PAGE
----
This article appears in the November/December 2015 issue, now available on newsstands.
“I once read that we all share atoms with Jesus,” Josh Ritter told me on a humid August afternoon in Brooklyn. “But we don’t all share atoms with Elvis, because he hasn’t been dead long enough.” Ritter is answering a question about recent changes in his life, but hearing him rattle off such a quote out of nowhere comes as no surprise. Interviewing Josh Ritter is not all that different from listening to his music: He is a lively conversationalist, bursting with words, ideas, and metaphors. His train of thought, like many of his best songs, often zig-zags in surprising directions, ending up in places one never could have predicted.
Self-change is a topic that keeps coming up for Ritter. Lately, he’s been going through a lot of it: After divorcing his first wife a few years ago, Ritter has since found a new partner, moved to a farmhouse in upstate New York, become a first-time father, and, most recently, moved back to the city. “I had been having this lyrical thought in my head for a while, it felt like an old Cole Porter song: ‘A change is coming over me.’ I just loved the sound and theme of it,” he says. “I guess when you like the sound of something like that it’s probably because it’s true.”
Josh Ritter, the cheery troubadour from Moscow, Idaho who has, over the last fifteen years, quietly become one of the most well-respected singer-songwriters of his generation, has also been awash in change musically. After releasing his emotionally grueling post-breakup album The Beast In Its Tracks in 2013, Ritter was ready for a new direction. “The last record wasn’t fun,” he says of Beast. “It definitely took its toll a few times.”
When he wasn’t writing cowboy songs for an upcoming project with Bob Weir, Ritter found himself experimenting in his house upstate, near Woodstock, writing new material on MIDI keyboards and tinkering around with electronic music on his computer for the first time in his career. “I wasn’t super psyched on playing guitar. I felt like I had tapped that out,” he says. After the emotional catharsis of Beast, Ritter knew he was going to be unsatisfied with whatever he came up with unless he tried something new. “I felt like this was going to be either me going into mediocrity or me really surviving, so I really needed something to excite me,” he says. “Suddenly, this stuff is all so much fun again.”
Many of those songs ended up forming the backbone of Sermon On The Rocks, Ritter’s new record released in October. Sermon, Ritter’s 8th studio album, is a rebirth of sorts for the singer-songwriter who has developed a sturdy reputation over the course of his career for his folksy, lyrics-driven approach. His latest offering is, by Ritter’s standards, a near-raucous affair, a celebratory, percussive-driven record that feels as influenced by 80’s New Wave and hip hop as Leonard Cohen and John Prine.
When veteran producer Trina Shoemaker first heard Ritter’s demos, she encouraged him to embrace his new sound. “I told Josh, ‘You are dipping your toe into another world, and if you’re going to go there, you got to really go there, my friend,’” says Shoemaker, who has produced and engineered records by everyone from Queens of the Stone Age to Emmylou Harris. Ritter had sent Shoemaker nearly 30 demos, and she sequenced the 12 she liked the best. Those same 12 songs ended up being recorded in the same order they appear on the record.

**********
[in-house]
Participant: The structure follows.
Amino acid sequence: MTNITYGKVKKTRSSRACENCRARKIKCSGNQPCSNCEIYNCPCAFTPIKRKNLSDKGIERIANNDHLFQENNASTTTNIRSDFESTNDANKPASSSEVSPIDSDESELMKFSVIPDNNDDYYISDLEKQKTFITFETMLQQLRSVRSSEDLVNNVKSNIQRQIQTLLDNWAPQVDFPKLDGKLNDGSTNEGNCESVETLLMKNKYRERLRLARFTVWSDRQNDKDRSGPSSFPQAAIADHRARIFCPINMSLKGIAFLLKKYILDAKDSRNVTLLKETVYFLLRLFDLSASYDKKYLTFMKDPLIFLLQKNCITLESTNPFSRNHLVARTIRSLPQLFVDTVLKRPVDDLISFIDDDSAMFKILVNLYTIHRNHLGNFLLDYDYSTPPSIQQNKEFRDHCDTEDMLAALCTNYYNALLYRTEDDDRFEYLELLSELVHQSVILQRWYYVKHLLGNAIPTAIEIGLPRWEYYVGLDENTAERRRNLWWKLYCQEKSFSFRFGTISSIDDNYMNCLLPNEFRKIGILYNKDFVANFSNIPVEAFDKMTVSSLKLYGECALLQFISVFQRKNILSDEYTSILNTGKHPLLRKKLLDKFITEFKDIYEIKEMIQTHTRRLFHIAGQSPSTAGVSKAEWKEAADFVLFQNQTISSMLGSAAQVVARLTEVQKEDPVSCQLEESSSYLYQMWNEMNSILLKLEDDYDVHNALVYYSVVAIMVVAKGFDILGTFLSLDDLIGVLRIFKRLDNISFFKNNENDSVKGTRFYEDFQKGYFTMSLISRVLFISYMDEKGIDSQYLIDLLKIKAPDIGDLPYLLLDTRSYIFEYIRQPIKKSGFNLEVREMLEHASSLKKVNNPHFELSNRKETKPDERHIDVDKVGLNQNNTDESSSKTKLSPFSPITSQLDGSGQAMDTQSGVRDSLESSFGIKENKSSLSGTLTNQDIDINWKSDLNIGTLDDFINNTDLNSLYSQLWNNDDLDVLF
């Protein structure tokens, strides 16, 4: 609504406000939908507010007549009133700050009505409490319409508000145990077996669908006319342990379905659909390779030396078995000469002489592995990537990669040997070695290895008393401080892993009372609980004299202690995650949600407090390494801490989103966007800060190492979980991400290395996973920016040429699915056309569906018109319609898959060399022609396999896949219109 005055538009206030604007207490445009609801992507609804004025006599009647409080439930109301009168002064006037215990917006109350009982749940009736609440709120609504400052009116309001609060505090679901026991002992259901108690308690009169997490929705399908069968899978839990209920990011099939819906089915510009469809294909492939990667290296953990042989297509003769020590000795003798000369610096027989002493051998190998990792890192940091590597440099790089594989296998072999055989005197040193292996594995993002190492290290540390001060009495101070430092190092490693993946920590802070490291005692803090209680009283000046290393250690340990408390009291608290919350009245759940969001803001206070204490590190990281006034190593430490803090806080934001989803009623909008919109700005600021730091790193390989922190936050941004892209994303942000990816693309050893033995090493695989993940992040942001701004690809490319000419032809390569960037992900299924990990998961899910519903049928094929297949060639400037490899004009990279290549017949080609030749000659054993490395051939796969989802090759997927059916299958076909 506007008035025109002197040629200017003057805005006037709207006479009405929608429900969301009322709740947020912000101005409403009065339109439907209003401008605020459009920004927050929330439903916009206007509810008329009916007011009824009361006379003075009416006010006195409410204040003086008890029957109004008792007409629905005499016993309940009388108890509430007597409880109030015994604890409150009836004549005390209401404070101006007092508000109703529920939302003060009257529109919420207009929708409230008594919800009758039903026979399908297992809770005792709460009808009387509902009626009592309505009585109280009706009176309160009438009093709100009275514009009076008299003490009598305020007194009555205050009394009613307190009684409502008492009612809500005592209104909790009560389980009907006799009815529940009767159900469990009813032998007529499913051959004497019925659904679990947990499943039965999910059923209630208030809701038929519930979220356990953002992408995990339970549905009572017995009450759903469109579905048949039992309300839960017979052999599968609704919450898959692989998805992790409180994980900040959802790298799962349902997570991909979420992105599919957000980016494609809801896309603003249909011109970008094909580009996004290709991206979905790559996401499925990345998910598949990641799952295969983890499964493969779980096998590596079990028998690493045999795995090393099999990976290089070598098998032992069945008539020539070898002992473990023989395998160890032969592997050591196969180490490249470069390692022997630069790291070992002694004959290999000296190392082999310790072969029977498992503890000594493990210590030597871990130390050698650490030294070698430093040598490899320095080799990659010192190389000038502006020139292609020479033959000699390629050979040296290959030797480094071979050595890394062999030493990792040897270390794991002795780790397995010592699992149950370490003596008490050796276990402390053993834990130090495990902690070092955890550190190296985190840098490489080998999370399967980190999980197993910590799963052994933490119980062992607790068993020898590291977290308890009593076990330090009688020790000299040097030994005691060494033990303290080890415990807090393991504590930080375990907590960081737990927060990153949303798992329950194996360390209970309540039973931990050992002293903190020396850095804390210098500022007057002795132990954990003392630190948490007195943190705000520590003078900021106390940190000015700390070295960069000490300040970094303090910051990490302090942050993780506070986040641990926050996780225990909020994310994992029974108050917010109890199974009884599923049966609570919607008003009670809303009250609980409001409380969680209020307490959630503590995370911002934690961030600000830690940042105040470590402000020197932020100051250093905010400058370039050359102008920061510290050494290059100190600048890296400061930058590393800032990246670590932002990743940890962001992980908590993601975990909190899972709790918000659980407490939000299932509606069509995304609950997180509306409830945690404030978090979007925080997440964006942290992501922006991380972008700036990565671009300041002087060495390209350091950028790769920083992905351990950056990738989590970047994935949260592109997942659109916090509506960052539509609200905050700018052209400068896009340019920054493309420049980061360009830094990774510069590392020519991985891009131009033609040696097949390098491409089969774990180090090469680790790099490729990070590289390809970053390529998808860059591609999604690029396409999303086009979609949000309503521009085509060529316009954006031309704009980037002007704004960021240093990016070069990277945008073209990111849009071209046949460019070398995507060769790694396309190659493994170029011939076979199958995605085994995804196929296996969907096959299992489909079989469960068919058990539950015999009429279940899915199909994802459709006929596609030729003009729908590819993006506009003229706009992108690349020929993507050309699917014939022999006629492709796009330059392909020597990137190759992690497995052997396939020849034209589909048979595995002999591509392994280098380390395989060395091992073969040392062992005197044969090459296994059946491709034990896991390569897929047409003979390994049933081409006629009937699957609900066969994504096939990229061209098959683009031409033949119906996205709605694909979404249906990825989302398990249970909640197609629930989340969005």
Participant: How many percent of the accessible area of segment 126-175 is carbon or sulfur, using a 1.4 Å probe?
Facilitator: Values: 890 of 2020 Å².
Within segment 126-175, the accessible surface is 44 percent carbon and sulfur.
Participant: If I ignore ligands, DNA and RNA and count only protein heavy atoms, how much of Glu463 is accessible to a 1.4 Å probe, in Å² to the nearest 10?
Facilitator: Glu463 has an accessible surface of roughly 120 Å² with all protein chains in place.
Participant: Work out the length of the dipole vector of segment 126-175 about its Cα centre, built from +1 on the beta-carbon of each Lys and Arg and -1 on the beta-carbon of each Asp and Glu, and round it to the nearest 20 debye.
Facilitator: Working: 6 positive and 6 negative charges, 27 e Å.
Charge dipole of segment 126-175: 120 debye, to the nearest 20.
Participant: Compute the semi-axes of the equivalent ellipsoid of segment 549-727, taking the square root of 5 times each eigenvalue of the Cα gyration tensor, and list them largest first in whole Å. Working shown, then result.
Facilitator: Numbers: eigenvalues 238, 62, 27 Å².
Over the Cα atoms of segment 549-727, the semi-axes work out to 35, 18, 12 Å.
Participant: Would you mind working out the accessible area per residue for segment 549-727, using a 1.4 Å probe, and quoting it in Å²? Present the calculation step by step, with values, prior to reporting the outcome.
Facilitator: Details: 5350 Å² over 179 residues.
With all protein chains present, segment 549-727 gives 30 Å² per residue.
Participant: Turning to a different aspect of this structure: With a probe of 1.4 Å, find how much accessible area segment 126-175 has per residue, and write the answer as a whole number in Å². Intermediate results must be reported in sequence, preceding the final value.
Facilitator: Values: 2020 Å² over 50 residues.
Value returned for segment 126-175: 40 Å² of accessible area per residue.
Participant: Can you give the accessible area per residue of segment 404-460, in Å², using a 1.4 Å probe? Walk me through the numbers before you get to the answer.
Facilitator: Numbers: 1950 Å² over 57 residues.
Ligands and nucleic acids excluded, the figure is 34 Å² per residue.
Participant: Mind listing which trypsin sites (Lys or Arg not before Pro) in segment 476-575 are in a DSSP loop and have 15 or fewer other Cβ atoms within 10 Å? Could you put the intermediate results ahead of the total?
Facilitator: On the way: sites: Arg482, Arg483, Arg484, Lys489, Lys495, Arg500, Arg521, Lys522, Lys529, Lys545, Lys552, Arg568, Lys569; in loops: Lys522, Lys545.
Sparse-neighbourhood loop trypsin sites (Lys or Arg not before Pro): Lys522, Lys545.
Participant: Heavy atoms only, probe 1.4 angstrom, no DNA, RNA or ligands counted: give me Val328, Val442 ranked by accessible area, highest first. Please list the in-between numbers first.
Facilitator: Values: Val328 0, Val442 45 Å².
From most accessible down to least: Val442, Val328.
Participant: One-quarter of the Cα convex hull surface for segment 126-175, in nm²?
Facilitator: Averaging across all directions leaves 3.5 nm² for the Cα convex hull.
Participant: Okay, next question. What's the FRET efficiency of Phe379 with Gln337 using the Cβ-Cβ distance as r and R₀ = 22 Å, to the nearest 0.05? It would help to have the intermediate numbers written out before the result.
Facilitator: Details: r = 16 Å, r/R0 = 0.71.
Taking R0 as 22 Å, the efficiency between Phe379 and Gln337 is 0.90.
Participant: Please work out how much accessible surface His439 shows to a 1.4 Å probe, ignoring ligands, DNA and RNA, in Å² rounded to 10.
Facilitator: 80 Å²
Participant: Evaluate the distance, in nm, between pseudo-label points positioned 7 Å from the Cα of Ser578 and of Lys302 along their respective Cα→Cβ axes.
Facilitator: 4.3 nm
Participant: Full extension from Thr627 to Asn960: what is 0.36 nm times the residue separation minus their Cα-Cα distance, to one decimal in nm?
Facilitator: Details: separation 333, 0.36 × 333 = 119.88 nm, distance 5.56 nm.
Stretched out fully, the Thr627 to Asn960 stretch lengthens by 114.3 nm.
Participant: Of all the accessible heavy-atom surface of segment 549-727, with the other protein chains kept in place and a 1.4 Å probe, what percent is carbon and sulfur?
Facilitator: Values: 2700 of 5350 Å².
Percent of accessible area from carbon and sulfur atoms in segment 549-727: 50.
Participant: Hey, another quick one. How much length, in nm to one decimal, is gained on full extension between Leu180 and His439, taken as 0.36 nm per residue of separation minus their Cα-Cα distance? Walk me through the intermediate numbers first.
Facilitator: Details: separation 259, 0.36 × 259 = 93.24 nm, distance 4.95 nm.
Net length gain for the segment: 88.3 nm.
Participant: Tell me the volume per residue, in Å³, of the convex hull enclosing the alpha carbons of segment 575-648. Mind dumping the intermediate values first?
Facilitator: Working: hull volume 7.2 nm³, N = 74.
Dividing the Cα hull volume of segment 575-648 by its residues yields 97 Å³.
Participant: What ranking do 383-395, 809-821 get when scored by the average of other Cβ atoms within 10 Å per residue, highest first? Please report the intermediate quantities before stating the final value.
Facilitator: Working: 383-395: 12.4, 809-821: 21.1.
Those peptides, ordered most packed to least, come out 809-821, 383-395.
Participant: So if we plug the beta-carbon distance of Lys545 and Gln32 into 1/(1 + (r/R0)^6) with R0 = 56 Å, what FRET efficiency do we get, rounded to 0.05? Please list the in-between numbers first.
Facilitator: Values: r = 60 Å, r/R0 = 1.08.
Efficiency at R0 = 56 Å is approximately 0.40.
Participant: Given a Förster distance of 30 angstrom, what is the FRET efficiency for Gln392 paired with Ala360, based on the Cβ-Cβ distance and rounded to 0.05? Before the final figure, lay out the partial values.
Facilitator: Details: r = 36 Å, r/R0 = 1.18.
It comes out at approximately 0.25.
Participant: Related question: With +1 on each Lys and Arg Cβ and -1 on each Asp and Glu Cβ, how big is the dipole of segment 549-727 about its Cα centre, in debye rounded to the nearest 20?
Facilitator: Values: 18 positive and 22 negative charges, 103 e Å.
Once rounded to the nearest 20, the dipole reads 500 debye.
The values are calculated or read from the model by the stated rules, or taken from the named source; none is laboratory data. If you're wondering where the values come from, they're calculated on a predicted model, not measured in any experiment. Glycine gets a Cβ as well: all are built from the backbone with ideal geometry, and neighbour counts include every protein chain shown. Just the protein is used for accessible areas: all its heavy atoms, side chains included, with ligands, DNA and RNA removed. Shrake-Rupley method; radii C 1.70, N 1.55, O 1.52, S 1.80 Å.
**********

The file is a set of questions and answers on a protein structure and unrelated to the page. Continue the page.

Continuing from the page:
“Josh is a remarkably spirit-like person, he has a spirit-aura about him” says Shoemaker. “He started showing up in New Orleans [where Sermon was recorded] and was almost like one of those old-timey 19th-century dark preachers with the black hat who rides in on a horse and knows both god and the devil personally. He really was this character to me the whole time. I followed that character around, and that’s how this record revealed itself to me.”
From the bouncy “Young Moses” to the tongue-tying lead single “Getting Ready To Get Down,” all the way to the whimsical “Spanish Pipedream” rewrite “Cumberland,” the first image that comes to mind listening to Sermon is the bright, goofy smile Ritter so famously sports on stage. Indeed, much of Sermon feels celebratory, if not downright joyous, one of the hardest emotions, most songwriters often say, to pull off effectively. But Ritter disagrees: “Misery and sadness can only really be pulled off by a few songwriters, and I certainly don’t feel like one of them,” he says, citing Jason Molina and Elliott Smith as a few examples. “As time has gone on, the stuff that comes naturally a good amount of the time is not sad. It may be other things, it may be wistful, but true heartbreak has never been very inspiring to me as songwriting material.”
Much of Ritter’s latest record takes place in early autumn, right when, as he puts in one song, “the nights are getting colder now, and the air is getting crisp.” Ritter imagines one song, “Where The Night Goes,” taking place during a late-night autumn drive through the smoky wheat fields of Idaho. That song, which originated with an idea for a lyric (“three cheers for the grapevine”) that Ritter had been sitting on for a decade, is a nostalgic, loss-of-innocence tale that recalls older classics like “Me & Jiggs” and “Kathleen,” the latest in a long line of songs concerning what might be Ritter’s greatest subject: Not having a girlfriend in high school. “That’s what I write,” he jokes. “If I had a girlfriend in high school maybe I wouldn’t write about that stuff. But it never happened, so I didn’t actually get spoiled by knowledge.”